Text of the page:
Reflection on the Rentboy.com raid

Rentboy Closed

Okay, so perhaps it isn’t quite so surprising that in the days following the mandated legalization of gay marriage that there might be some pushback against any freer expression of sexuality in our society.  Indeed, in the States we seem so hellbent on denying that a little physical affection is so necessary to our well-being individually and societally to the point of actually demonizing those needs that those who refuse to utilize those resources available to them hence feel they have to refuse that right to everyone else.  Misery does indeed love company!  Thus we have laws which regulate our morality instead of protecting us from criminal activity, and morality is subjective.  How long did we labor under legal constraints that precluded any sort of non-missionary non-heteronormative sex or even social engagement?  How long was it legally codified in our country that folk of African descent were less citizens than those of European descent?  As it has come to be understood that these laws were injurious to one demographic and did nothing to protect any other, they have been overturned.  And there have been objections from “moralists” to these changes every step of that way.

It is not enough to call something criminal simply because there is a law against it.  If that law exists, it is in place (or should be) to protect someone, perhaps many of us, from becoming a victim.  Rape laws are in place to prevent unwanted sexual intercourse.  Theft laws are in place to prevent people from taking our personal property.  Laws outlawing murder are there to deter folk from taking away our lives.  In all these instances, there is a victim in the crime, someone who loses something, life, property, dignity.  Anyone wishing to deprive us of these basic rights is indeed a criminal, and their capture and punishment should be the aim and objective of the criminal justice system.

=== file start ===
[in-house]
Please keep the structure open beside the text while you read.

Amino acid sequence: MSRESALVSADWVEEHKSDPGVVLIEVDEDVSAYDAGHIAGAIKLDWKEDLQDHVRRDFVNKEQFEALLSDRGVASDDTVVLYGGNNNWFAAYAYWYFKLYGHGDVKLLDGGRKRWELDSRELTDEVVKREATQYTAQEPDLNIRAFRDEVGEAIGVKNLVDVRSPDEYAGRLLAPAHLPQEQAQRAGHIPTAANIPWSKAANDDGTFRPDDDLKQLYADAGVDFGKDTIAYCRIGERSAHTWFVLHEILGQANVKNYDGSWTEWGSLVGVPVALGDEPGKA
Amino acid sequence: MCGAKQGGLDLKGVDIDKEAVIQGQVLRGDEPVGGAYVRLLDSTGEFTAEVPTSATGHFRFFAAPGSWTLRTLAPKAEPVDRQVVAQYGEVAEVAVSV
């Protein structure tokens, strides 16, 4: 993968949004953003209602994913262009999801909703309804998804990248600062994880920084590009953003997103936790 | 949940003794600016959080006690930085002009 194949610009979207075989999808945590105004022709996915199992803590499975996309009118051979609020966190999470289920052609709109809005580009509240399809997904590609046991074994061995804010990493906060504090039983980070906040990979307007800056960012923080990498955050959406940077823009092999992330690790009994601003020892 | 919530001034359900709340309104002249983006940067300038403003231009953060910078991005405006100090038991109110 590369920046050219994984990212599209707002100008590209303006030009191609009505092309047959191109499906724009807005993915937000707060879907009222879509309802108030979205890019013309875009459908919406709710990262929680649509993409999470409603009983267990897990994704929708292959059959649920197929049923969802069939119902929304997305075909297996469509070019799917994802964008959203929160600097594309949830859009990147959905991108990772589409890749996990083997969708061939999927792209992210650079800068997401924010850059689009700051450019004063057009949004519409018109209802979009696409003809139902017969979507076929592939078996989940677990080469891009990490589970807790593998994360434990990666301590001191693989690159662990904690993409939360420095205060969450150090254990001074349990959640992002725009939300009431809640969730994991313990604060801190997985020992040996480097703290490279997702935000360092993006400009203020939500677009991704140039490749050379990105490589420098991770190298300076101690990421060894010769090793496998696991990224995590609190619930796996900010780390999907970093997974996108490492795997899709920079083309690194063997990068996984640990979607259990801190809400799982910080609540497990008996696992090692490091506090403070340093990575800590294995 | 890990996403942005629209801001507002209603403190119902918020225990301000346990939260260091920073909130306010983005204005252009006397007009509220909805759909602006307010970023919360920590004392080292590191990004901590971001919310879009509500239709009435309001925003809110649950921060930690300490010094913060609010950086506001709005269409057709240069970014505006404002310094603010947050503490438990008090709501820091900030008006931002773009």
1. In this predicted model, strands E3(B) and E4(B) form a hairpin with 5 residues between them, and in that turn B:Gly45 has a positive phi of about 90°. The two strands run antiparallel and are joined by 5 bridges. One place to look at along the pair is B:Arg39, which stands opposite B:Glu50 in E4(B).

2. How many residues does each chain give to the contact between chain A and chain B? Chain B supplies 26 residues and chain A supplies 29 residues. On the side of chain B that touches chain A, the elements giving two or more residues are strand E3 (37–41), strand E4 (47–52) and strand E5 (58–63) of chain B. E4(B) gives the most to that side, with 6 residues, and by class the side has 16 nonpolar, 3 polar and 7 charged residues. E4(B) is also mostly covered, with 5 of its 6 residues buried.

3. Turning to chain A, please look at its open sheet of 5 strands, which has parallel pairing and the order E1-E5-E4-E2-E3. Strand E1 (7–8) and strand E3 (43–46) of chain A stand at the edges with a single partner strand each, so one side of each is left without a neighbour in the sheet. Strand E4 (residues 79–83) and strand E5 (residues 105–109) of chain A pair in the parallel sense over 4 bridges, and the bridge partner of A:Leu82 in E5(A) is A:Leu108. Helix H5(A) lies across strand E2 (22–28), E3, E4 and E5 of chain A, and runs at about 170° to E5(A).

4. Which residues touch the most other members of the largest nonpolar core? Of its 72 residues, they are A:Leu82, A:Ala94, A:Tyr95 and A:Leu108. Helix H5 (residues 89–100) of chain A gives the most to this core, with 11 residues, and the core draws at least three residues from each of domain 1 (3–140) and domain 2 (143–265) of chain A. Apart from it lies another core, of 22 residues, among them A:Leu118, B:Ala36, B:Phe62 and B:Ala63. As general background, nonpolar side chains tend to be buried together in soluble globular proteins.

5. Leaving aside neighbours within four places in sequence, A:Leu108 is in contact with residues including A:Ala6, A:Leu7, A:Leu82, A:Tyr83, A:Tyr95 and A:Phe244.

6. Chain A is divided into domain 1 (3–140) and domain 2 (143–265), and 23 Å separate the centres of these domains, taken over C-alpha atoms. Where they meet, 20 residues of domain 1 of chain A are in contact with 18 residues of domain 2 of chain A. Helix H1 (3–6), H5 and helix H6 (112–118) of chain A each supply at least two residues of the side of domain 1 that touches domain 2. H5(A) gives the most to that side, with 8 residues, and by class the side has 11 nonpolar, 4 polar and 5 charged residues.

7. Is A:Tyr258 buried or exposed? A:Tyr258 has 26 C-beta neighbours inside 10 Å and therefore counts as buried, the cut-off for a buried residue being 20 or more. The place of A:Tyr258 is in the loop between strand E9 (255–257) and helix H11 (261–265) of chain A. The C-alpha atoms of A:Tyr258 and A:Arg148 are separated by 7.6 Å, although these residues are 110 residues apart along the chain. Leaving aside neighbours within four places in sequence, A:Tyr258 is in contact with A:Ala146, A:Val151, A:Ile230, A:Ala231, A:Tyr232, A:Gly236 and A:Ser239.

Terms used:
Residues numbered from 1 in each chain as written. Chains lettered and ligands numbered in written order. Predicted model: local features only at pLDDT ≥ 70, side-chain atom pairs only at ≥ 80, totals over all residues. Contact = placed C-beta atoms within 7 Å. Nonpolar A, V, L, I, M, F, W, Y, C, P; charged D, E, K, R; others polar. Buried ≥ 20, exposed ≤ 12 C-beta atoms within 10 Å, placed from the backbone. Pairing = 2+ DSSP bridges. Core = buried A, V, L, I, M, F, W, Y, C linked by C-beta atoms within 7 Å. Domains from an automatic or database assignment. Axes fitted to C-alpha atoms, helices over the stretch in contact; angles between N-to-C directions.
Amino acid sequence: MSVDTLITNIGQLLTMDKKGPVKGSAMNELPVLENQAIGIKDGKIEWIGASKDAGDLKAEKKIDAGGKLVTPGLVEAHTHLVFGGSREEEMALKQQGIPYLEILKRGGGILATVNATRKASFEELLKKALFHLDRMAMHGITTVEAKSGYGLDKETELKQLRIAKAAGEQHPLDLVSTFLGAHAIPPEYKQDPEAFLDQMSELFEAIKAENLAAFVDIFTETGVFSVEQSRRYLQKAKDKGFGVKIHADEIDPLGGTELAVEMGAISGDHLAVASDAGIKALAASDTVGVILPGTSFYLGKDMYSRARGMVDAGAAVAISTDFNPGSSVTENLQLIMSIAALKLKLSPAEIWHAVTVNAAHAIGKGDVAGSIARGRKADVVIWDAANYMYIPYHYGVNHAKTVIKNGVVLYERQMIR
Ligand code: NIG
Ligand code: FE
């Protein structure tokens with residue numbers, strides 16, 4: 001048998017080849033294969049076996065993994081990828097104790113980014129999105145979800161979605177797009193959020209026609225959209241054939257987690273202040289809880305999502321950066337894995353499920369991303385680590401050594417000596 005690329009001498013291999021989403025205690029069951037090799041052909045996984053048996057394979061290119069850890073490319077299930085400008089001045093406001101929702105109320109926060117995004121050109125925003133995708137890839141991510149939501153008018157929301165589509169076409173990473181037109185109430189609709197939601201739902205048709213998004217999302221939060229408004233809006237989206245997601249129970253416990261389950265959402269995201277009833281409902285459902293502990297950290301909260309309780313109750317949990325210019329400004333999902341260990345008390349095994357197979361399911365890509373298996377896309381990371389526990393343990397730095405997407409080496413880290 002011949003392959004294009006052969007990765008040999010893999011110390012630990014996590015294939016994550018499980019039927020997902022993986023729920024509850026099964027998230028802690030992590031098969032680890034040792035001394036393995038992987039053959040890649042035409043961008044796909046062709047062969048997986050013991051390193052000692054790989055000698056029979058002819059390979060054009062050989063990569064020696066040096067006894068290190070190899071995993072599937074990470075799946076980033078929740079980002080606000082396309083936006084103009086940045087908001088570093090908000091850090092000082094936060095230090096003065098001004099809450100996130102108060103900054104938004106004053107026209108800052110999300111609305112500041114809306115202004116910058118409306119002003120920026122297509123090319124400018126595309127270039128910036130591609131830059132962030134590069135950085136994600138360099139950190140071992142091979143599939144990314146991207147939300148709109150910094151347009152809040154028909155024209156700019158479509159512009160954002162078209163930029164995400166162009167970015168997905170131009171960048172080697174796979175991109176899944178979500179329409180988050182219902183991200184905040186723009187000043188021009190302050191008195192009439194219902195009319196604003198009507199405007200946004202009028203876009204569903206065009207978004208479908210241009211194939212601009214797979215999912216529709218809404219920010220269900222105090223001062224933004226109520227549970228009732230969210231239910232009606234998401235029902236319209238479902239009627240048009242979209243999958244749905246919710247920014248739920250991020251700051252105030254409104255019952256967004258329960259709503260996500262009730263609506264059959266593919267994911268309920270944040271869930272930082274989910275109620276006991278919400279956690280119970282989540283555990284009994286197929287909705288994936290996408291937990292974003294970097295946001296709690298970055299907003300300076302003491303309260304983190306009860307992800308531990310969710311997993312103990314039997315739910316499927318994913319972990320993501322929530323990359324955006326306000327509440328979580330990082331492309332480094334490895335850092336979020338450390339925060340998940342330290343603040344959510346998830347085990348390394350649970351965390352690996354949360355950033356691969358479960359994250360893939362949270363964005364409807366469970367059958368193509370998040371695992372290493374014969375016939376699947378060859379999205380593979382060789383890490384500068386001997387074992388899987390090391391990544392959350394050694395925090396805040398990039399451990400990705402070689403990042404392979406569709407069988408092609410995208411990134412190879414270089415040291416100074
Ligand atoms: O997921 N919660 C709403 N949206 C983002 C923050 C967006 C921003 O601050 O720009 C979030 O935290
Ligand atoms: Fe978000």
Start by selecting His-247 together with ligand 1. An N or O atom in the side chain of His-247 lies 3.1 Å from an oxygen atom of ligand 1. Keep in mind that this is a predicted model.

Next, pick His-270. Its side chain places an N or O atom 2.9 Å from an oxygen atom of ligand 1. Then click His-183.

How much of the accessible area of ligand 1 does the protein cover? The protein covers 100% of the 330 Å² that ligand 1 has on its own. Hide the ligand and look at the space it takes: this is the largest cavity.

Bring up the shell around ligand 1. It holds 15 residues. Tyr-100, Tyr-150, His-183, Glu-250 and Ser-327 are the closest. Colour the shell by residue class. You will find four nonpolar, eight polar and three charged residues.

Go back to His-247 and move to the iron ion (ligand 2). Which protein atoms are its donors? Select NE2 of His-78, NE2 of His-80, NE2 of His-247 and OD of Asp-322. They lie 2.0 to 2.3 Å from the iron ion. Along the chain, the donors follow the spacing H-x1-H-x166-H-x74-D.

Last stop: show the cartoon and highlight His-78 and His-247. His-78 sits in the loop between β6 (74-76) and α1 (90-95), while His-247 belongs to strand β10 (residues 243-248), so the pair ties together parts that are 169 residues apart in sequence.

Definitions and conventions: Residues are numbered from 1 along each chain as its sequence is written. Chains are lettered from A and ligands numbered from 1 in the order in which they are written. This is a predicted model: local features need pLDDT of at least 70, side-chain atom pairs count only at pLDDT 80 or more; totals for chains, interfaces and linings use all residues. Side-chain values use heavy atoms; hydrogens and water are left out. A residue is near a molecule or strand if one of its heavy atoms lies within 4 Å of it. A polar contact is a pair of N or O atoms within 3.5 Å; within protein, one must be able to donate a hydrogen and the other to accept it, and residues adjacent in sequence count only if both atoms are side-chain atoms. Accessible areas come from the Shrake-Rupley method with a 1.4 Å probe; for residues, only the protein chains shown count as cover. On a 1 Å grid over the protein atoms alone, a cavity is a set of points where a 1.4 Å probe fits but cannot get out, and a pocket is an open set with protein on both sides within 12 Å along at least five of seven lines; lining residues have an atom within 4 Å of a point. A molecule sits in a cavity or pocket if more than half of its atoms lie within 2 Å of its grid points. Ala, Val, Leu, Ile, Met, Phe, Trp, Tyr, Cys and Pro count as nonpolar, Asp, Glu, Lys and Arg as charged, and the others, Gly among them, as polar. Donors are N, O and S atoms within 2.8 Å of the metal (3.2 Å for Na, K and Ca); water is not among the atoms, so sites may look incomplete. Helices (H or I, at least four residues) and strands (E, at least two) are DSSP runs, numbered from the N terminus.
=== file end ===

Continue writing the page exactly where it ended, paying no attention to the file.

Who exactly is the victim of escorting?  Is it the escort, who has entered into the arrangement of his (or her) own will and on his terms?  Has he been somehow forced into the seraglio, indentured as a sex slave?  Or is he an entrepreneur, who identifies a resource he has, and has entered into a business venture to share this resource with a public who has something to offer in return?  Is the victim the client, who understands the nature and terms of the transaction before he signs on?  Is he somehow being deprived of his money in exchange for something of no value to him?  Or is he perhaps a person desiring some company, perhaps some physical affection, and somehow lacks or hasn’t the time to pursue the normal societally-accepted means of coming by that?  Or is the victim society in general?  Does escorting bear some corollary criminal behavior the same way the inner-city drug trade is closely allied with organized crime and gang warfare?  Does providing individuals with company, and if company is of an intimate nature then providing that behind closed doors, somehow corrupt the morals of future generations any more than any other societal norm we exhibit?